Film Review | Rebellion

strong>Cert 15
Four Stars

A


ACTOR-director-writer Mathieu Kassovitz has many strings to his bow – consistency isn’t one of them. Despite the critical and commercial success of his debut La Haine, the response to his subsequent efforts has been a resounding “bof!” Halle Berry and Penelope Cruz couldn’t save Gothika from perforated plotting and bad dialogue. Babylon AD – in which Kassovitz stars alongside Vin Diesel “somewhere in the near future” – was even worse than it sounds.

He returns with the deadly serious Rebellion, a 136 minute epic that reconstructs in painstaking detail the army’s brutal crushing of a separatist uprising in the French colony of New Caledonia. When four members of the Gendarmerie are taken hostage, a negotiating team led by Phillippe Legorjus (Kassovitz) is called in from Paris. Arriving in the Pacific Island, it is clear the separatists are not the fearsome savages the French media has presented them as. When the negotiating team beg the authorities for more time they come up against a political and administrative brick wall. The politicians have an eye on the next election, and the welfare of a group of islanders 5,000 miles away is a long way down on their list of priorities.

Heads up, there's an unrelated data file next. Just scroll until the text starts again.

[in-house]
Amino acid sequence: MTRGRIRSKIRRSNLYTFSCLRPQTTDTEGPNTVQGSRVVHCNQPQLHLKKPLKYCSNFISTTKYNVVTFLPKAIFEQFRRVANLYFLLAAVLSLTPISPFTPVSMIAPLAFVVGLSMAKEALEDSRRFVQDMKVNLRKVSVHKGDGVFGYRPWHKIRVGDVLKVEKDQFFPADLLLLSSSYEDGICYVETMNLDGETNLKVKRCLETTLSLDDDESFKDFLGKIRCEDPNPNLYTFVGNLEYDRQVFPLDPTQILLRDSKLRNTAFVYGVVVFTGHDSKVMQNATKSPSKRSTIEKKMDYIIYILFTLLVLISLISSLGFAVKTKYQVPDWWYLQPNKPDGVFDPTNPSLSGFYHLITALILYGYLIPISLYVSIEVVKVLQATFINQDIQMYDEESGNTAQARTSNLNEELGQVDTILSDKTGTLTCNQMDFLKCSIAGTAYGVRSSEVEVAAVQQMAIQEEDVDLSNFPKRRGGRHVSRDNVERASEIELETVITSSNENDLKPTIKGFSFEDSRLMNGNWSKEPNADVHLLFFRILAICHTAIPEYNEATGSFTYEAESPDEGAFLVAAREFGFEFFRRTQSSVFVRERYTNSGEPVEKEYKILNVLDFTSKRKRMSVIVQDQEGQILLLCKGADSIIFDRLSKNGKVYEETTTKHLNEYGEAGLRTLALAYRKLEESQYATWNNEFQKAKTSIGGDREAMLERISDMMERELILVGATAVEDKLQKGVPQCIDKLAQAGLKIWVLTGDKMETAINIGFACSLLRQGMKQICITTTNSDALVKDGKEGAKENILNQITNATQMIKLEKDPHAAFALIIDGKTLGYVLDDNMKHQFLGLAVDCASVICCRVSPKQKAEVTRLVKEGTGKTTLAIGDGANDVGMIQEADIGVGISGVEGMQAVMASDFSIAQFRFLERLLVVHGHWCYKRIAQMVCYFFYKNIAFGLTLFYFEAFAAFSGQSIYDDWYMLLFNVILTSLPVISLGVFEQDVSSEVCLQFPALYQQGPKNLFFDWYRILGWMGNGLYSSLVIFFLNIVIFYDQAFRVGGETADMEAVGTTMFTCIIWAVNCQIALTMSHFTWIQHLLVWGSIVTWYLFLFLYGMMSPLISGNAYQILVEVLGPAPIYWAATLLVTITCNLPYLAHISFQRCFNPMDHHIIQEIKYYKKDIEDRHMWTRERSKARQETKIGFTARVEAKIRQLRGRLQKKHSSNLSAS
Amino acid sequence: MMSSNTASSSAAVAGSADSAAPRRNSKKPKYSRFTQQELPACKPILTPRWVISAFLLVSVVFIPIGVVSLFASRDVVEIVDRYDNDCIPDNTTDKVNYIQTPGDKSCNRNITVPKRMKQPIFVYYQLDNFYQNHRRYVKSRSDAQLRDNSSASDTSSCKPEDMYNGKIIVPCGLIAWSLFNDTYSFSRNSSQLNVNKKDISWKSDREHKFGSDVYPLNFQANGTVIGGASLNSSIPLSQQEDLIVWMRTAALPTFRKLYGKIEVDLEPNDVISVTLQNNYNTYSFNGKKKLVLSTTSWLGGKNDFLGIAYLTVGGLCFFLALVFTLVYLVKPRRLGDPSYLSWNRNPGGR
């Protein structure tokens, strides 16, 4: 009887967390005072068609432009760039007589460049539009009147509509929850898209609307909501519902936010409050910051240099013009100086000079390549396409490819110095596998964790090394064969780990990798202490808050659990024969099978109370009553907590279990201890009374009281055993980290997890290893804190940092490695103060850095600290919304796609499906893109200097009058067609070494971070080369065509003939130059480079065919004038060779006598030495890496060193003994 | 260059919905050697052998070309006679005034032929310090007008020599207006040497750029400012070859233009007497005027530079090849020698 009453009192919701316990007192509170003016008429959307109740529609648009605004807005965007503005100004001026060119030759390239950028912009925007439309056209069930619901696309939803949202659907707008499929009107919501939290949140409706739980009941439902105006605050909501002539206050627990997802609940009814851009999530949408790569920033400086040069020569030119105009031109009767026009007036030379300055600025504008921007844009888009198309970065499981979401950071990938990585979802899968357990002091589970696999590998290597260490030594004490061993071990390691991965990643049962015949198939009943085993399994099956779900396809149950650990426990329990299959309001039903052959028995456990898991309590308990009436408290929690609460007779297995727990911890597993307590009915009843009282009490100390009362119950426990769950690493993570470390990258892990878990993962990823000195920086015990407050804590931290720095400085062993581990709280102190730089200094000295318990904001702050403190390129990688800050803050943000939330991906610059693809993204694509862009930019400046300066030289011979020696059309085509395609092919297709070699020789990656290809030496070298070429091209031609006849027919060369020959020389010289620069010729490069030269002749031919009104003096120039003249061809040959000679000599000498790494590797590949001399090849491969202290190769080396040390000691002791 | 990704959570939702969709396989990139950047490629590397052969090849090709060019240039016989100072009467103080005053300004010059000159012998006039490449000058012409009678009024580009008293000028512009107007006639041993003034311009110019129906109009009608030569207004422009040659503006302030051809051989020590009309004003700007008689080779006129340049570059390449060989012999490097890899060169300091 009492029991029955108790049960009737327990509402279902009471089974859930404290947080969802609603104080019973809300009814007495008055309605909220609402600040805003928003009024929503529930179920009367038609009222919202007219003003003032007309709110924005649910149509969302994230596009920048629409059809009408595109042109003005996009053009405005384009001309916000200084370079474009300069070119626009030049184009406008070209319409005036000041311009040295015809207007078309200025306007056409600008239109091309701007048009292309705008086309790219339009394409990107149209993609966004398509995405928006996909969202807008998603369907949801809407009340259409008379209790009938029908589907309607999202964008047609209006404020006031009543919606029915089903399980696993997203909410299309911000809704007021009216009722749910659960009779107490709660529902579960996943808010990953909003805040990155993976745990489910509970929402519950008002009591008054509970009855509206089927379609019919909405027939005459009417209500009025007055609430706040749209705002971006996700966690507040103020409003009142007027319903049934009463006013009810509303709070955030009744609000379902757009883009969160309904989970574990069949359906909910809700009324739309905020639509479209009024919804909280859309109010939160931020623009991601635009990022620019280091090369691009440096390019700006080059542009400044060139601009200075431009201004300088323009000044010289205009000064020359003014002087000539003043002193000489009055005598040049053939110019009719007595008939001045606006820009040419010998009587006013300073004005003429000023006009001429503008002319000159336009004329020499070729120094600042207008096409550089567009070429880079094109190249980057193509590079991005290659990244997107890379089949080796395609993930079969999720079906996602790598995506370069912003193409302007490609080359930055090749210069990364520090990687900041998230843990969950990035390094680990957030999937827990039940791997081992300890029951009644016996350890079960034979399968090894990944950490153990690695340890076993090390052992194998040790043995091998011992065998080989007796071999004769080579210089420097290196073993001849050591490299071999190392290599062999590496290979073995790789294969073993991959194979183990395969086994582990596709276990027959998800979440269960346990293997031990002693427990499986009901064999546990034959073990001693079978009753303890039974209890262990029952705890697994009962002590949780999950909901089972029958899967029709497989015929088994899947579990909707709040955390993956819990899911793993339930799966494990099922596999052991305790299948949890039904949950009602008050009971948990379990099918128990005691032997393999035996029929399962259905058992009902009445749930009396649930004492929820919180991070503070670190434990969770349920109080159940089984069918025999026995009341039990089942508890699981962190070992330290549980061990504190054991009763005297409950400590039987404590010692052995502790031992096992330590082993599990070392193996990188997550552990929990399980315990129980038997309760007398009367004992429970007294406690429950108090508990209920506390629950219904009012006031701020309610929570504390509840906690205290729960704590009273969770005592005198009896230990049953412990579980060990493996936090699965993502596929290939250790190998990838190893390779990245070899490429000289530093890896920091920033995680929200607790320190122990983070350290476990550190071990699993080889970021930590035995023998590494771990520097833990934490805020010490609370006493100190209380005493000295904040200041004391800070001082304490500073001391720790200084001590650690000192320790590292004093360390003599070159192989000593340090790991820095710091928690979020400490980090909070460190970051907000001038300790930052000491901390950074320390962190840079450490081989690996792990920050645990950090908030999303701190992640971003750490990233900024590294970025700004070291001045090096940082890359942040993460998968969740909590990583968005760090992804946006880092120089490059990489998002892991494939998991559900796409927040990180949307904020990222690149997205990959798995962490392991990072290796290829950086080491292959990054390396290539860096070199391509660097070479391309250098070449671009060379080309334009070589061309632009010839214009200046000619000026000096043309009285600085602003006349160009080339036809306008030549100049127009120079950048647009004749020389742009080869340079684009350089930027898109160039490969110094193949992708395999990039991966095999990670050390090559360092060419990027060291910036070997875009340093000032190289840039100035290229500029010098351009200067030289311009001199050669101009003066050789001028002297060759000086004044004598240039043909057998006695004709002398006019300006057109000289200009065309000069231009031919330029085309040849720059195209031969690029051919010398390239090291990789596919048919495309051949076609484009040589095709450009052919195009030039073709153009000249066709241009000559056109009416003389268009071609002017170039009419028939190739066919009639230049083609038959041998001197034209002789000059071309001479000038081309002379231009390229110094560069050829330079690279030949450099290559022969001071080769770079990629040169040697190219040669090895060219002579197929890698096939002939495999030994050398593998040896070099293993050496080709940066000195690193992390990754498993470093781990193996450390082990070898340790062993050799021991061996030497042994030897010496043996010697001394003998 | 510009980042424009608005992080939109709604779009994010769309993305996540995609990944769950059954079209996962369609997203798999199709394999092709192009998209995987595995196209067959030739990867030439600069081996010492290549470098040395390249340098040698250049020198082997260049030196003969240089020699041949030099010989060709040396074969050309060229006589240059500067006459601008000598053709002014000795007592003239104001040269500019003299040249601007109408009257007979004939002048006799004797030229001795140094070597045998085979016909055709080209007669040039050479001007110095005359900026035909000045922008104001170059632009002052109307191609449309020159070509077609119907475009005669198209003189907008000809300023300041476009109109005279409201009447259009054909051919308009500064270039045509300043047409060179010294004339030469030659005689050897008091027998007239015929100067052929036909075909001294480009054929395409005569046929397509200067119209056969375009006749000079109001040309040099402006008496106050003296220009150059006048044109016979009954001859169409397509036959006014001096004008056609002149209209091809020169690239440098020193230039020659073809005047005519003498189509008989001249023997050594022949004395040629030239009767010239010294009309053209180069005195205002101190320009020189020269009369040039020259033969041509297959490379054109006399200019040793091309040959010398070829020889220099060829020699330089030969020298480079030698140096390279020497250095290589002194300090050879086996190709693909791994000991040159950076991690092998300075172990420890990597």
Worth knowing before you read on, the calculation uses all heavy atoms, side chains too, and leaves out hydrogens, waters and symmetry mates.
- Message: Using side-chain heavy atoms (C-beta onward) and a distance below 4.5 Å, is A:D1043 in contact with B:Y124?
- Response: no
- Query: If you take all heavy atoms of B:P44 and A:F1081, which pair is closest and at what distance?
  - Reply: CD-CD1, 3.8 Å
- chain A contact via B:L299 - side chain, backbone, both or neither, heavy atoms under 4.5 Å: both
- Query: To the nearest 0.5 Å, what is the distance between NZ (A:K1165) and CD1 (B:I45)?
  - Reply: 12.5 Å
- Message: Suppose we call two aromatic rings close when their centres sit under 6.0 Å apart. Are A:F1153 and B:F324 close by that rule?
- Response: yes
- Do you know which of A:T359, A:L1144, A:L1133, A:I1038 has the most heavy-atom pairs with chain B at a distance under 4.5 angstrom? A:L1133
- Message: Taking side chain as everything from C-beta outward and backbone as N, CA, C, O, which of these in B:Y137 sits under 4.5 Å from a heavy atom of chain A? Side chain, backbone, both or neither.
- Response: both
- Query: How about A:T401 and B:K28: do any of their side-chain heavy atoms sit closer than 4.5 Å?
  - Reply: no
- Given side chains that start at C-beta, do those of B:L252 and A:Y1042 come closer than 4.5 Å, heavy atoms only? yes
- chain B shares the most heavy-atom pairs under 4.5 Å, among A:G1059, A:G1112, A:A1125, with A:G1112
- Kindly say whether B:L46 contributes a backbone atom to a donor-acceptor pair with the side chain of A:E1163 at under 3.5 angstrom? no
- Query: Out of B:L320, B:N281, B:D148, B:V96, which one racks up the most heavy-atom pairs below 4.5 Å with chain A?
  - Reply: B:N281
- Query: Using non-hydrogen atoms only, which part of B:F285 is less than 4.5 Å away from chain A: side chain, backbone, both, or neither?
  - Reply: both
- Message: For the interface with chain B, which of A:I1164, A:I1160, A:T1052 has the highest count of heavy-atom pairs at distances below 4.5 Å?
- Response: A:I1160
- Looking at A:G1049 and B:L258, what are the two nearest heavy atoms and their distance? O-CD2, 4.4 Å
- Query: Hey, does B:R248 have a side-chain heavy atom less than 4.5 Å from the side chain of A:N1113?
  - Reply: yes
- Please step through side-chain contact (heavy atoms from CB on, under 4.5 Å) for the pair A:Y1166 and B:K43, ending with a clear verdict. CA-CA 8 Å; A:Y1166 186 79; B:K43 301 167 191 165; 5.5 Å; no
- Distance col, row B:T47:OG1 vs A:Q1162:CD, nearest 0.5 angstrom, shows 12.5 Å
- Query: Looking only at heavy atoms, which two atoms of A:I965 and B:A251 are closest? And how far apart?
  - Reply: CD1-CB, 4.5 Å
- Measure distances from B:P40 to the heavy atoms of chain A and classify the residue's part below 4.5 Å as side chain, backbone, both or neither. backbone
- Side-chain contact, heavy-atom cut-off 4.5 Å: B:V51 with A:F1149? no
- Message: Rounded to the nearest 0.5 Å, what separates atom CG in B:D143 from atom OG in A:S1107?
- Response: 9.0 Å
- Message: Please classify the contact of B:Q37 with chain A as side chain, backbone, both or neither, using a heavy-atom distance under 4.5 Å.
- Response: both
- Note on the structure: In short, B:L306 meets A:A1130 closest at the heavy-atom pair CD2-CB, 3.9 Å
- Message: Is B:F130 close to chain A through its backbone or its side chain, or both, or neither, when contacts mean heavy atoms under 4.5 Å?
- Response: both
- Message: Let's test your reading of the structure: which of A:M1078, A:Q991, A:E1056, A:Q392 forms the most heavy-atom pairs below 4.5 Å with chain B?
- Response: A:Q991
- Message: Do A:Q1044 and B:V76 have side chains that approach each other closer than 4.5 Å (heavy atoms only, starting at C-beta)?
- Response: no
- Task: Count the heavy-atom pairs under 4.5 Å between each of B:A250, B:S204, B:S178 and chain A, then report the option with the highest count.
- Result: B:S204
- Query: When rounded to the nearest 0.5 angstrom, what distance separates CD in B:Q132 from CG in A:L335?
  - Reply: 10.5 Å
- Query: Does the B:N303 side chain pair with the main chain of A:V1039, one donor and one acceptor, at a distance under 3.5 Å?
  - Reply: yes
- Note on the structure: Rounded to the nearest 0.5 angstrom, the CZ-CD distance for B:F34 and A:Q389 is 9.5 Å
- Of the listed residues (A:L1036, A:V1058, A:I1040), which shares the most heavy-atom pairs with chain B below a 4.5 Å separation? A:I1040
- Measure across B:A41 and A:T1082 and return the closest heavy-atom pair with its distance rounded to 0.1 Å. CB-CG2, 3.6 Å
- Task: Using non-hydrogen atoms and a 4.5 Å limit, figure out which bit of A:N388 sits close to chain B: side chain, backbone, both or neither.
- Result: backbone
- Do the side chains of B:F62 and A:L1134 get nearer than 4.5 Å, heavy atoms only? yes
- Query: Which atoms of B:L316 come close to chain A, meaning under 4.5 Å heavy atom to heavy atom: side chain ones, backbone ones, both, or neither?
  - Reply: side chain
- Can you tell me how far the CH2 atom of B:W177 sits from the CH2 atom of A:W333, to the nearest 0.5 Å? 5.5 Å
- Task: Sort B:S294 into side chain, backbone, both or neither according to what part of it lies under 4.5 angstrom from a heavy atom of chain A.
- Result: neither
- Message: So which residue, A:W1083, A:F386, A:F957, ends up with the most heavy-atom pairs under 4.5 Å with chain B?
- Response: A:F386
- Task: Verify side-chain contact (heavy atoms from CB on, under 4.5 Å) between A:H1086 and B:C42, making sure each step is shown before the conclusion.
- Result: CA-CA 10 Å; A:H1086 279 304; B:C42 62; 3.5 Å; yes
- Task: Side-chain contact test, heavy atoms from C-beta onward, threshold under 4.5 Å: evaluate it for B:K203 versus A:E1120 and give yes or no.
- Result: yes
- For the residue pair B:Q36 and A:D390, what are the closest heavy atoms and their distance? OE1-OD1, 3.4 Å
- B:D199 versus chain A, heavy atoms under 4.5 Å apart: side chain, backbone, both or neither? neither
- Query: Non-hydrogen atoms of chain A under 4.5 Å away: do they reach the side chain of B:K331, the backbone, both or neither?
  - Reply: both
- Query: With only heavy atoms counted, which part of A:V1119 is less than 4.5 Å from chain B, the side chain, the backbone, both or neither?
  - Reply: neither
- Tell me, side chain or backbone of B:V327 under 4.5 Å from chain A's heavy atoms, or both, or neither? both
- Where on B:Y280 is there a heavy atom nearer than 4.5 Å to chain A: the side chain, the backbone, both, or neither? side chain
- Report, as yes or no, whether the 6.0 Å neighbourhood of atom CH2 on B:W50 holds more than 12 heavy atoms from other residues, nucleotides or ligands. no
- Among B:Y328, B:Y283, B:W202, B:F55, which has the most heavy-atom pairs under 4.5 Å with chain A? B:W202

The windswept Pacific landscape has a similar feel to Apocalypse Now. There are palm trees and vast expanses of ocean, but the colour palette is greyish. The muted, washed out tones hint that a storm is brewing. Rebellion creeps toward its inevitable bloodbath with menacing slowness. Scrupulously researched and understatedly acted, this feels more like a legal argument than a war film. Still, it’s engrossing stuff and despite the slow pacing it wears its run-time lightly.